Only constructive scattering from a photonic bandgap structure can guide light down hollow-core fibers, such as those facing left. Other photonic crystal fibers use a modified form of total internal reflection to guide light along a silica core. Whether there is silica or air in the core, photonic crystal fibers could take the ability of optical fiber to the extreme.

Short of a vacuum, the material density in the core of these fibers is as low as it gets. That low density translates into some potentially revolutionary fiber specifications, including radically higher power densities abetted by reduced nonlinearities and scattering. These features are simply not possible with conventional fiber technology.

“If you’re going to guide light in a hollow core, you have to do it with a photonic bandgap,” observed James West, a senior research scientist at Corning. Unlike the prevalent highly refractive silica core, hollow-core fibers guide light through a low-refractive material — air; instead of total internal reflection, they use a bandgap structure to confine light by constructively scattering it back into the core.

Confusing matters, both Blaze Photonics and Crystal Fibre in Birkerod, Denmark, market photonic crystal fibers that use a modified form of total internal reflection to guide light along a silica core. Although some argue that this essentially makes these fibers pumped-up versions of conventional fibers, the photonic crystal structure enables tailoring of dispersion or polarization attributes beyond what established technology can easily provide.

Different companies configure in different ways the bandgap structure of their fiber, but all are typified by promising claims. OmniGuide, for instance, says its concentric circle structure will provide losses in the range of 0.01 dB/km — 20 times less than conventional silica fibers — and a 10,000x reduction of nonlinear effects.

“That means that, where you could propagate 1 W of power for a half kilometer in other fibers, ours will propagate the same watt for 5000 km,” said Uri Kolodny, director of marketing.

There is, however, a significant gap between the promise and what’s currently possible.

“Hollow core [photonic crystal fiber] has extremely low Rayleigh scattering — though the best losses so far achieved are on the order of 0.3 dB/m,” Russell said. “Other effects dominate over Rayleigh scattering, leakage from the core being the dominant one.”

According to Russell’s figure, basic math would suggest that the state of the art for hollow-core fiber still suffers a 300-dB/km loss, well beyond what an operating fiber network can accept. An exact determination will have to wait because, thus far, loss has been calculated on fibers measuring in tens of meters, not thousands.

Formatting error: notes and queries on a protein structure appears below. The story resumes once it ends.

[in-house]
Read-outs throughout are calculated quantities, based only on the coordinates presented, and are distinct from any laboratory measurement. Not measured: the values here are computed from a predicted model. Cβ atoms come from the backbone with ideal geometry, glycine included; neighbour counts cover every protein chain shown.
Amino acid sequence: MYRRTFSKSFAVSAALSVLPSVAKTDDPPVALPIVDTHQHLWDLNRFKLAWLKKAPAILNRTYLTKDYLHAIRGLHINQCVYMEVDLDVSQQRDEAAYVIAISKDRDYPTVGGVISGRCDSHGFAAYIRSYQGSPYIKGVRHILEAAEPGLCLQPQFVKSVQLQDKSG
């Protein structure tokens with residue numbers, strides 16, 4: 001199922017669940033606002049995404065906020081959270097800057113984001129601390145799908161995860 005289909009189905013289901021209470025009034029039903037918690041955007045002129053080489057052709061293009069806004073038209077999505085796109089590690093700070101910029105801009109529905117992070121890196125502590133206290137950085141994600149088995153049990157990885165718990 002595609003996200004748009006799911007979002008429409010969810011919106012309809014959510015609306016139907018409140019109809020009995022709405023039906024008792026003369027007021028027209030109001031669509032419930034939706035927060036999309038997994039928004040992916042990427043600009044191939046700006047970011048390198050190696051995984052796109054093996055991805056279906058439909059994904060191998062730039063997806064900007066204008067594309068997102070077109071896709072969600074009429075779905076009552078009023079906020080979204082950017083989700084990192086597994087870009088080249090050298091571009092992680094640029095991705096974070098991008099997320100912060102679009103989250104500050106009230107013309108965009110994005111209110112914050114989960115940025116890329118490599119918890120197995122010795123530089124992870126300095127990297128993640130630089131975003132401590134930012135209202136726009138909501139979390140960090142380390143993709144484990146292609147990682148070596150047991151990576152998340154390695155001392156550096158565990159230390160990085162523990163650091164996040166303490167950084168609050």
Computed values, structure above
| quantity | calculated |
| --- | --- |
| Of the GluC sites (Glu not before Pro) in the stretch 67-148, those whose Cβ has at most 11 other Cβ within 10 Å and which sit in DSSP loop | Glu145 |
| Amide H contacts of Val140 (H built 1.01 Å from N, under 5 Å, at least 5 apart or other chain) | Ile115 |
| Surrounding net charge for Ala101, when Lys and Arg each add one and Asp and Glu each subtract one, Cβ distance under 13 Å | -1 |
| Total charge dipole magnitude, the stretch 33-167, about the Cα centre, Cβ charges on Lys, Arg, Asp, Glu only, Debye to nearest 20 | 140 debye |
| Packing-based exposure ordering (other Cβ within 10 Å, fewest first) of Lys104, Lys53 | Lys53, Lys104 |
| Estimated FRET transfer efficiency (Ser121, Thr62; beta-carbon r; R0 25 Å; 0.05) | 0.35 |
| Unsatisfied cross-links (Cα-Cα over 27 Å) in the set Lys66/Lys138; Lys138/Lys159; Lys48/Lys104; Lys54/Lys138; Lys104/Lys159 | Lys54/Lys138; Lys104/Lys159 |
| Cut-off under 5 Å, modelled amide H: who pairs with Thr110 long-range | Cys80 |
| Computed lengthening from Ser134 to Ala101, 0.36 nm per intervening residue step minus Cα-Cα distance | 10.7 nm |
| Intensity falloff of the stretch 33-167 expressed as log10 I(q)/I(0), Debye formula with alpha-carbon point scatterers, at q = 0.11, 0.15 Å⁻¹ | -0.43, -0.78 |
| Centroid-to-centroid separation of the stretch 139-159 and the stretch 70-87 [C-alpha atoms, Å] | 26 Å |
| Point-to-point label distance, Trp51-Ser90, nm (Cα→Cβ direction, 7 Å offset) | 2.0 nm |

The reason for that — and for the loss itself — is linked mainly to process control issues in the fibers’ manufacture, which cannot maintain consistency in the photonic bandgap and core structure in long strands. Structural variations can be in-plane, axial or a combination.

All of the crystal fiber makers interviewed agreed that the manufacturing process shouldn’t be too different from that for standard fiber. The most notable divergence is in the preform.

“The idea here, of course, is to reinvent as little as possible,” Kolodny said. “So, just like in silica or two-dimensional bandgap fiber processes, the intelligence is built into the fiber preform.”

OmniGuide’s fiber is based on a one-dimensional bandgap structure — concentric circles — which lends itself to established lay-down methods for preform fabrication.

That process, however, doesn’t work for fibers with two-dimensional bandgap structures. There, the prevailing method for making fiber preforms is to stack and draw. In other words, glass rods and tubes are arranged, or stacked, into a macrocosm of the fiber structure. Consequently, West said, there’s probably a little more cost at the front end for making the preform.

Photonics Spectra
Jun 2002
Basic ScienceCommunicationsFeaturesindustrialMicroscopy

back to top
Facebook Twitter Instagram LinkedIn YouTube RSS
©2023 Photonics Media, 100 West St., Pittsfield, MA, 01201 USA, [email protected]

Photonics Media, Laurin Publishing
x Subscribe to Photonics Spectra magazine - FREE!
We use cookies to improve user experience and analyze our website traffic as stated in our Privacy Policy. By using this website, you agree to the use of cookies unless you have disabled them.